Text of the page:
Buffalo City Metro Municipality (BCMM) is located on the east coast of the Eastern Cape province and has a predominantly young population: 20-29-year-old adults constitute the largest age group, followed by 15-19 year old adolescents. Overall, the bulk of BCMM’s population lives in urban areas, with over 50% of inhabitants residing in East London and Mdantsane; 12%, or 90 000 people, live in one of the municipality’s 154 informal settlements – important to consider given that living in informal urban settlements can be a strong predictor of infection with HIV. According to the Eastern Cape Aids Council, Buffalo City Metro has the third highest HIV prevalence in the province, with almost 12 000 young people living with HIV. Forty-eight percent (48%) of deaths between 2008-2013 in women aged 15-24 were linked to HIV and TB.
Bumb’INGOMSO uses an innovative approach to HIV prevention that combines traditional HIV-prevention mechanisms, such as behaviour change communication and biomedical interventions, with interventions that tackle the underlying individual, social and structural drivers of the epidemic in particularly vulnerable populations, like those with limited access to economic opportunity and high levels of exposure to gender-based violence.
To support and empower girls and young women to navigate factors that may otherwise make them more tolerant of risk, Bumb’INGOMSO works with partners to provide the following interventions:
For behaviour change to happen, Bumb’INGOMSO believes that young people must first be able to understand themselves and have a sense of community, connectedness and the ability to make informed choices in their lives. To this end, the project has established an aspirational leadership network – the Bumb’INGOMSO Leadership Network (BLN) – the Bumb’INGOMSO Leadership Network (BLN) –that builds a sense of ownership and connects young women to opportunities. The BLN encourages and supports young women to lead change in their homes, schools and communities through hands-on training programmes, mentorship and ongoing support.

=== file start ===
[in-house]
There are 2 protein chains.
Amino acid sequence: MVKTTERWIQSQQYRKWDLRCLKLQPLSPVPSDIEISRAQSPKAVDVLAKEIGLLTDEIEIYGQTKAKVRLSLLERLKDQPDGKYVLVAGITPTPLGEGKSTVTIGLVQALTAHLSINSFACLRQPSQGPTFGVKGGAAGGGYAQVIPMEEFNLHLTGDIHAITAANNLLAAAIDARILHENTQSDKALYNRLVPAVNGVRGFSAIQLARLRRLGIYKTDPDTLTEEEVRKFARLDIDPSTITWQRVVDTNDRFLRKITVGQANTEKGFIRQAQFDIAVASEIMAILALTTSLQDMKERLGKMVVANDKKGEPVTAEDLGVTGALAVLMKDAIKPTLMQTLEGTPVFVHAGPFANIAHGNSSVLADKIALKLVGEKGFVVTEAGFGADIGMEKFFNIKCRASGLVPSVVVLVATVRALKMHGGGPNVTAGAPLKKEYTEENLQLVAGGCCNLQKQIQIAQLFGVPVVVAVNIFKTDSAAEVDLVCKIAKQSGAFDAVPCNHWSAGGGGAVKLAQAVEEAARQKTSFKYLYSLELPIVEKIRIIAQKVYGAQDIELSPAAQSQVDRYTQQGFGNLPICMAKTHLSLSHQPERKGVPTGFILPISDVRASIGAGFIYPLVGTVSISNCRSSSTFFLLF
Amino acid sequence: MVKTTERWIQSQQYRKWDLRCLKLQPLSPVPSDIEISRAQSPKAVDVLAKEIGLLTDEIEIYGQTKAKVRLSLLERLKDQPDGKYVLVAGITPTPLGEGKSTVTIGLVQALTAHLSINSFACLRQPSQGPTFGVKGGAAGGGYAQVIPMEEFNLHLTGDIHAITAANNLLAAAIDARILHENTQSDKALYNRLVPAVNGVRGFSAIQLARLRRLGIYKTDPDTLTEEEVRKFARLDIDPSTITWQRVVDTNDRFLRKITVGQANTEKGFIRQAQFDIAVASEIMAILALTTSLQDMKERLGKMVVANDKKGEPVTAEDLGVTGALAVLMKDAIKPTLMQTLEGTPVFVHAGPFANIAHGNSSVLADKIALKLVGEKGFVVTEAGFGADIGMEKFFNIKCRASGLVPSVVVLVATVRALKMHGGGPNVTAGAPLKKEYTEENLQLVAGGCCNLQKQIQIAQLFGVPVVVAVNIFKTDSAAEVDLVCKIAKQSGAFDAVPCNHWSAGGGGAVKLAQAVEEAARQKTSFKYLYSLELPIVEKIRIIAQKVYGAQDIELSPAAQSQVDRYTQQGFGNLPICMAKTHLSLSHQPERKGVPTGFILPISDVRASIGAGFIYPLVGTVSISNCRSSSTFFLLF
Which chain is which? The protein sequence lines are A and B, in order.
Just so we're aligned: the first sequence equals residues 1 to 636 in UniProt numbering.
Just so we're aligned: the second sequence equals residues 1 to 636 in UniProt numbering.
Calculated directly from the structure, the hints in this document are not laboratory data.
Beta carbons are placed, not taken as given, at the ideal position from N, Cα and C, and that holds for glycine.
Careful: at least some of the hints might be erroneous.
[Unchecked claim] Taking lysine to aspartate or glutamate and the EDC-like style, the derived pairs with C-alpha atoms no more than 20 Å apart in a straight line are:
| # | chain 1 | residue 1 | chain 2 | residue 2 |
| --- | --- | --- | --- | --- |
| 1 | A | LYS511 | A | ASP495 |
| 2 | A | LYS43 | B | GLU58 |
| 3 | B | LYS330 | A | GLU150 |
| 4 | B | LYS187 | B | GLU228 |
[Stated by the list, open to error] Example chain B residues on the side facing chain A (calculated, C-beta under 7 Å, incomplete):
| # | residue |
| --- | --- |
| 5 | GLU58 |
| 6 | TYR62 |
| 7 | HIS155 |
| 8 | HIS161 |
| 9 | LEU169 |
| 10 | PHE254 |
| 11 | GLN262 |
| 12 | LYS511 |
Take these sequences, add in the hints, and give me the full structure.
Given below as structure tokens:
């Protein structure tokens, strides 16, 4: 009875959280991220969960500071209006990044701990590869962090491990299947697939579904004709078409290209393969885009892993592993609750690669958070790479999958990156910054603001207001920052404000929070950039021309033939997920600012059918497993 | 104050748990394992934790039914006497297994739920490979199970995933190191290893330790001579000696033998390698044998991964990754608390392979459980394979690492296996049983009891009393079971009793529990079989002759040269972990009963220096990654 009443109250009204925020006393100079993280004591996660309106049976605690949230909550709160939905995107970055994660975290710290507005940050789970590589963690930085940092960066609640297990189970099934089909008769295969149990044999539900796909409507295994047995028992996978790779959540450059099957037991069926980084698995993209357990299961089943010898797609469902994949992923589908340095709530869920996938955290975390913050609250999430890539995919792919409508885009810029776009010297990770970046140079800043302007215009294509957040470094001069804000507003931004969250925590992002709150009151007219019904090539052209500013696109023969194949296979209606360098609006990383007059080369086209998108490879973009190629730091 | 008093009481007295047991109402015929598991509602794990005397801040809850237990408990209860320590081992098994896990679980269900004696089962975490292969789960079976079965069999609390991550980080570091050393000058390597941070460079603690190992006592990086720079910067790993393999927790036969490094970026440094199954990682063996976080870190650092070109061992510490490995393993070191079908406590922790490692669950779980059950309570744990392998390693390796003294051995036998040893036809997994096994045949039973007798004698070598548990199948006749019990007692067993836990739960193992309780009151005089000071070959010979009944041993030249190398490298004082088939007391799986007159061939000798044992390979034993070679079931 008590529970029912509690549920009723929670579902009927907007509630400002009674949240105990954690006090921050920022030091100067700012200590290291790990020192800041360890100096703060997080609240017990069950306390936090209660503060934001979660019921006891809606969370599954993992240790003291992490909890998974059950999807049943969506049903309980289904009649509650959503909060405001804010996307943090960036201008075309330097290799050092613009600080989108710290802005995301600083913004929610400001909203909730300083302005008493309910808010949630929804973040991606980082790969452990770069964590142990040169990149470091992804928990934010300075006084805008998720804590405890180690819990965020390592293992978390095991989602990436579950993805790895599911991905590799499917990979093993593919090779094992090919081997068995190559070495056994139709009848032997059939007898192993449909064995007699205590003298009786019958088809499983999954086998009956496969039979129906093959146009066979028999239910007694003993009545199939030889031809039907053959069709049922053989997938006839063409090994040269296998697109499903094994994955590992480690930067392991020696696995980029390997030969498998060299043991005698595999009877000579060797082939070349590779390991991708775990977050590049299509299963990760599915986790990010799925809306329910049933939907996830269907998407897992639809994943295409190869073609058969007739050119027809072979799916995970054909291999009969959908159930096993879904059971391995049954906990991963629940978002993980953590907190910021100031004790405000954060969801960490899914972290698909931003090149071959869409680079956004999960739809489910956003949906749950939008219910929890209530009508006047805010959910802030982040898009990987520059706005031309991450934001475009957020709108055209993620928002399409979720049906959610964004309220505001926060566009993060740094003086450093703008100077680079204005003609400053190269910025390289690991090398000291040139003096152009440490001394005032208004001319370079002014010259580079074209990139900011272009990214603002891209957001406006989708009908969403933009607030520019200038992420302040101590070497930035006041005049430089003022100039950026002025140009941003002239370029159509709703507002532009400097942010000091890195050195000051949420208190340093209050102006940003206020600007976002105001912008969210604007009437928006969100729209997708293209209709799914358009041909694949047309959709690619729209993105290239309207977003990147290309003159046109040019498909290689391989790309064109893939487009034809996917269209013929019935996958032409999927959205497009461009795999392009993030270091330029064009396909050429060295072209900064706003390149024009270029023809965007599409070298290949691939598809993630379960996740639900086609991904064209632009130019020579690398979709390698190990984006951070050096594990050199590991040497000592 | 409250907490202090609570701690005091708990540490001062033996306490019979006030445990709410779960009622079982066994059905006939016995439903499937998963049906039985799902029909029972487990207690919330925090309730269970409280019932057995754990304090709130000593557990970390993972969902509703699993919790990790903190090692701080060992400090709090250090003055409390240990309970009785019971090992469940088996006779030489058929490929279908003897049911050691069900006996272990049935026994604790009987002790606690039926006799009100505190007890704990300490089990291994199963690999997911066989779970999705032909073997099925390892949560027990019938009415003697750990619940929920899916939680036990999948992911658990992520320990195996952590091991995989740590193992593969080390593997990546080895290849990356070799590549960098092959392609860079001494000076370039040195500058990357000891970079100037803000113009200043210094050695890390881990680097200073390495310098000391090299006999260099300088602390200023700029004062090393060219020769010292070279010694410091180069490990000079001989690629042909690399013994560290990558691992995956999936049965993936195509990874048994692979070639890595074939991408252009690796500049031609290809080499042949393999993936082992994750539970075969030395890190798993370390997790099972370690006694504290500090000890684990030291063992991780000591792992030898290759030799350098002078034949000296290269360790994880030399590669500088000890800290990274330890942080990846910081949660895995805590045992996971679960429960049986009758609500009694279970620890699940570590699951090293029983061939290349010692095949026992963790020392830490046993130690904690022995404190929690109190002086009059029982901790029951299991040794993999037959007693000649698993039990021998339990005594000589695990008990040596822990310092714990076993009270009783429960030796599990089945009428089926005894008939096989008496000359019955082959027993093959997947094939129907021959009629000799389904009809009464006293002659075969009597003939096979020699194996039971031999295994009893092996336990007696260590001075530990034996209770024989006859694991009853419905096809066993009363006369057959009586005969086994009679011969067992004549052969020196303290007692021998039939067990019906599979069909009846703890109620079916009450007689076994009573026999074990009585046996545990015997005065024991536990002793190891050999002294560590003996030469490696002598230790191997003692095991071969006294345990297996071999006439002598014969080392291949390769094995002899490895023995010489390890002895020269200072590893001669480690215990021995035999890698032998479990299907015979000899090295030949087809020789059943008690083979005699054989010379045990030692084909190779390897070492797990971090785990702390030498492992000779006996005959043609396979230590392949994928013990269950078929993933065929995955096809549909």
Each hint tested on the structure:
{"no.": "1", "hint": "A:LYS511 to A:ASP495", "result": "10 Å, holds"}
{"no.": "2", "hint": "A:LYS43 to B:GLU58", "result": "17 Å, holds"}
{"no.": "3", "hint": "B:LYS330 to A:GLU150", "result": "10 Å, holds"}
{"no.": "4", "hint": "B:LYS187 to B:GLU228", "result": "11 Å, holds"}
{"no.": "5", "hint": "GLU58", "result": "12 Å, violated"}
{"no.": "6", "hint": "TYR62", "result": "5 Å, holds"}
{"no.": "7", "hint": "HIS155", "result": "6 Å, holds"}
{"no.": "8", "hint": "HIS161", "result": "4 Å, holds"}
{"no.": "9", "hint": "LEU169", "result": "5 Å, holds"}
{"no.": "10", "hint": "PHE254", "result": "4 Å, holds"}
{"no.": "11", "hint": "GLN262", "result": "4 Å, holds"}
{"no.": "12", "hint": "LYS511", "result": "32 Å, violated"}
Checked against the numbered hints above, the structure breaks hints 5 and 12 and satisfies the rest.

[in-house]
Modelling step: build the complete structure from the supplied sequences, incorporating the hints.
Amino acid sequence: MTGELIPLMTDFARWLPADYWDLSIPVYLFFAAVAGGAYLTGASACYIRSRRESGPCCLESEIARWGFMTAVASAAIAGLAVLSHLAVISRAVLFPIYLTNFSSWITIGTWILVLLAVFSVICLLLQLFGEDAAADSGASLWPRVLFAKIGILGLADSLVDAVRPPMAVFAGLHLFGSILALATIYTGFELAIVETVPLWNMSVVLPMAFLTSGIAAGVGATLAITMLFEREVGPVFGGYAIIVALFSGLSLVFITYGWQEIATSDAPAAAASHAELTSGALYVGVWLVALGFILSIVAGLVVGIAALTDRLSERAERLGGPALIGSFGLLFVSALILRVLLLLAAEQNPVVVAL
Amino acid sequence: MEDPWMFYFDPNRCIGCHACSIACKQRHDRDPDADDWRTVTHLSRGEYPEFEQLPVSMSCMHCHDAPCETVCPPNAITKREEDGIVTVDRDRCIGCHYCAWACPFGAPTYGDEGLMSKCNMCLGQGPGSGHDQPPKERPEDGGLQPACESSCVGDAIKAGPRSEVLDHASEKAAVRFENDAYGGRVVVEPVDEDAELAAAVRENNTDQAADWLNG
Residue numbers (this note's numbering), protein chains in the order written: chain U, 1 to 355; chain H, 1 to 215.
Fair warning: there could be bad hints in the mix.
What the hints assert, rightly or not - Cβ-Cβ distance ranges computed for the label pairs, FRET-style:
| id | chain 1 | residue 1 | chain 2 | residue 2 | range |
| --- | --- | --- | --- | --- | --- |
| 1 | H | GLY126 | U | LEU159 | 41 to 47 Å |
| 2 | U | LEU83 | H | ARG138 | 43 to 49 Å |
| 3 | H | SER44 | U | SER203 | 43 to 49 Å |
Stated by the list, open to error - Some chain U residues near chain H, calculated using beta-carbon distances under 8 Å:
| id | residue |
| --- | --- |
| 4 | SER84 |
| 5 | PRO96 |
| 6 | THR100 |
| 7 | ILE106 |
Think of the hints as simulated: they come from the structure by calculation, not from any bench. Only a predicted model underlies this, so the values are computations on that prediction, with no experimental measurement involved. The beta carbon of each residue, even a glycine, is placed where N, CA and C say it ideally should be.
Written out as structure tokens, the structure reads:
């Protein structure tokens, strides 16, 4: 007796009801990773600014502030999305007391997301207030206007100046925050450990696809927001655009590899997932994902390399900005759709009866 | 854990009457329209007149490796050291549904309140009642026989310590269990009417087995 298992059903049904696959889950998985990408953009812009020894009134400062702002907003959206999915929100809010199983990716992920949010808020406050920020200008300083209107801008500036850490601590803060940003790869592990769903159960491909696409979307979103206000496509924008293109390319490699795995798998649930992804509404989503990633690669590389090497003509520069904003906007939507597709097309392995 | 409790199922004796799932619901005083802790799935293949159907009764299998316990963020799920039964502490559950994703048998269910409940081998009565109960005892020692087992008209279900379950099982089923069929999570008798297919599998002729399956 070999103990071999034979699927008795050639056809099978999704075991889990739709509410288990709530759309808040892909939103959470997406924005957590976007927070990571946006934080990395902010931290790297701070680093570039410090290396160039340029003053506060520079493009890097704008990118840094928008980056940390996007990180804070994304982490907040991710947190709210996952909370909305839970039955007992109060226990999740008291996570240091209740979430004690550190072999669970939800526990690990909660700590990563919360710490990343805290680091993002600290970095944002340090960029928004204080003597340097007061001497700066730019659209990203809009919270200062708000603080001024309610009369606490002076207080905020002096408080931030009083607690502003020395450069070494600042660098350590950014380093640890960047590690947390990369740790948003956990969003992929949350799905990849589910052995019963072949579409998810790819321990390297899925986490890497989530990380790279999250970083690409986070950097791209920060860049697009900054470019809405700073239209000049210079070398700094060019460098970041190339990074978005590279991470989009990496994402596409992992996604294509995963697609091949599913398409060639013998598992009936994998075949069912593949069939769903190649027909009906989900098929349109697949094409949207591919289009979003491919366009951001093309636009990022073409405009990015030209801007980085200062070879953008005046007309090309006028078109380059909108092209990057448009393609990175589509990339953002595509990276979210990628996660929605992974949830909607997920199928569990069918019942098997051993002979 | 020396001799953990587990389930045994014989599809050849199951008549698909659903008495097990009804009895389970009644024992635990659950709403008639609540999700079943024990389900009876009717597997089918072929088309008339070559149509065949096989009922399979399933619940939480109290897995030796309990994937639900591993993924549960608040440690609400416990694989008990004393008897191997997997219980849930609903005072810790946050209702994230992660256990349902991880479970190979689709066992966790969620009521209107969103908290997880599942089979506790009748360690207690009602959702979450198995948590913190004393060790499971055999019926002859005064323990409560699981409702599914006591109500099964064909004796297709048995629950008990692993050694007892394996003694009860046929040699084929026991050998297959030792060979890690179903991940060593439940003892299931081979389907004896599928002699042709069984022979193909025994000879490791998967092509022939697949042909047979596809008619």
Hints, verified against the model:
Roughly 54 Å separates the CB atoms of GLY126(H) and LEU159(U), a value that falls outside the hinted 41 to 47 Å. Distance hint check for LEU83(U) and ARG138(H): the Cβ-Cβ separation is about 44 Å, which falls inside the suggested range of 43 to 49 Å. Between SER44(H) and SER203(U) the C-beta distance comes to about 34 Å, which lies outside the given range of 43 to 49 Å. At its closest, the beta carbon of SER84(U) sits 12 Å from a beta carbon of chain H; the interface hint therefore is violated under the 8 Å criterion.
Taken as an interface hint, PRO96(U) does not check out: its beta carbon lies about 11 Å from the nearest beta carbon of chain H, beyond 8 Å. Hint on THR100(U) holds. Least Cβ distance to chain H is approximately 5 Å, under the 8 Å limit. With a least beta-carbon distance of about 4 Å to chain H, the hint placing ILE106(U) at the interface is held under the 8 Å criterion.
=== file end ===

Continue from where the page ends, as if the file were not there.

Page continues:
In schools, Bumb’INGOMSO drives a motivational peer-driven programme, called BI Clubs, focussed on personal development opportunities and the promotion of healthy sexuality. The programme is implemented through a combination of interactive workshop-based and recreational activities. Both girls and boys are included in these activities to ensure that gender disparities are addressed in the process.
For young people outside of school, a sense of belonging is promoted through interpersonal clubs and social media messaging linked to the Bumb’INGOMSO Opportunity Hub (see Strategy 4 below for more about the Hub). The project also offers a call centre that can be accessed from any mobile phone network at no cost, and provides referrals to relevant services for young women who call in.
To mobilise and engage the broader community around issues that affect the wellbeing of young people, and to further stimulate a sense of identity and self-efficacy among young women, Bumb’INGOMSO also publishes a popular magazine, YAKHA. The magazine is produced quarterly with a print run of 40 000 copies, and an estimated readership of 160 000, who access the magazine for free via Bumb’INGOMSO’s implementing partners. YAKHA is produced by young people living in the Buffalo City Metropolitan Municipality – which includes East London, King Williamstown, Bhisho and the surrounding areas – who are supported and mentored by a seasoned editorial team.
Effective health services enable young people to make informed choices about their bodies and sexual health. Bumb’INGOMSO aims to increase metro-wide access to youth-friendly care, to get all 77 public health facilities in Buffalo City capacitated to strengthen youth-friendly services. This includes:
In addition to training nurses to be sensitive to the circumstances that impact young people’s health, Bumb’INGOMSO also regularly embarks on outreach activities in communities and learning institutions to bring basic health services to young people.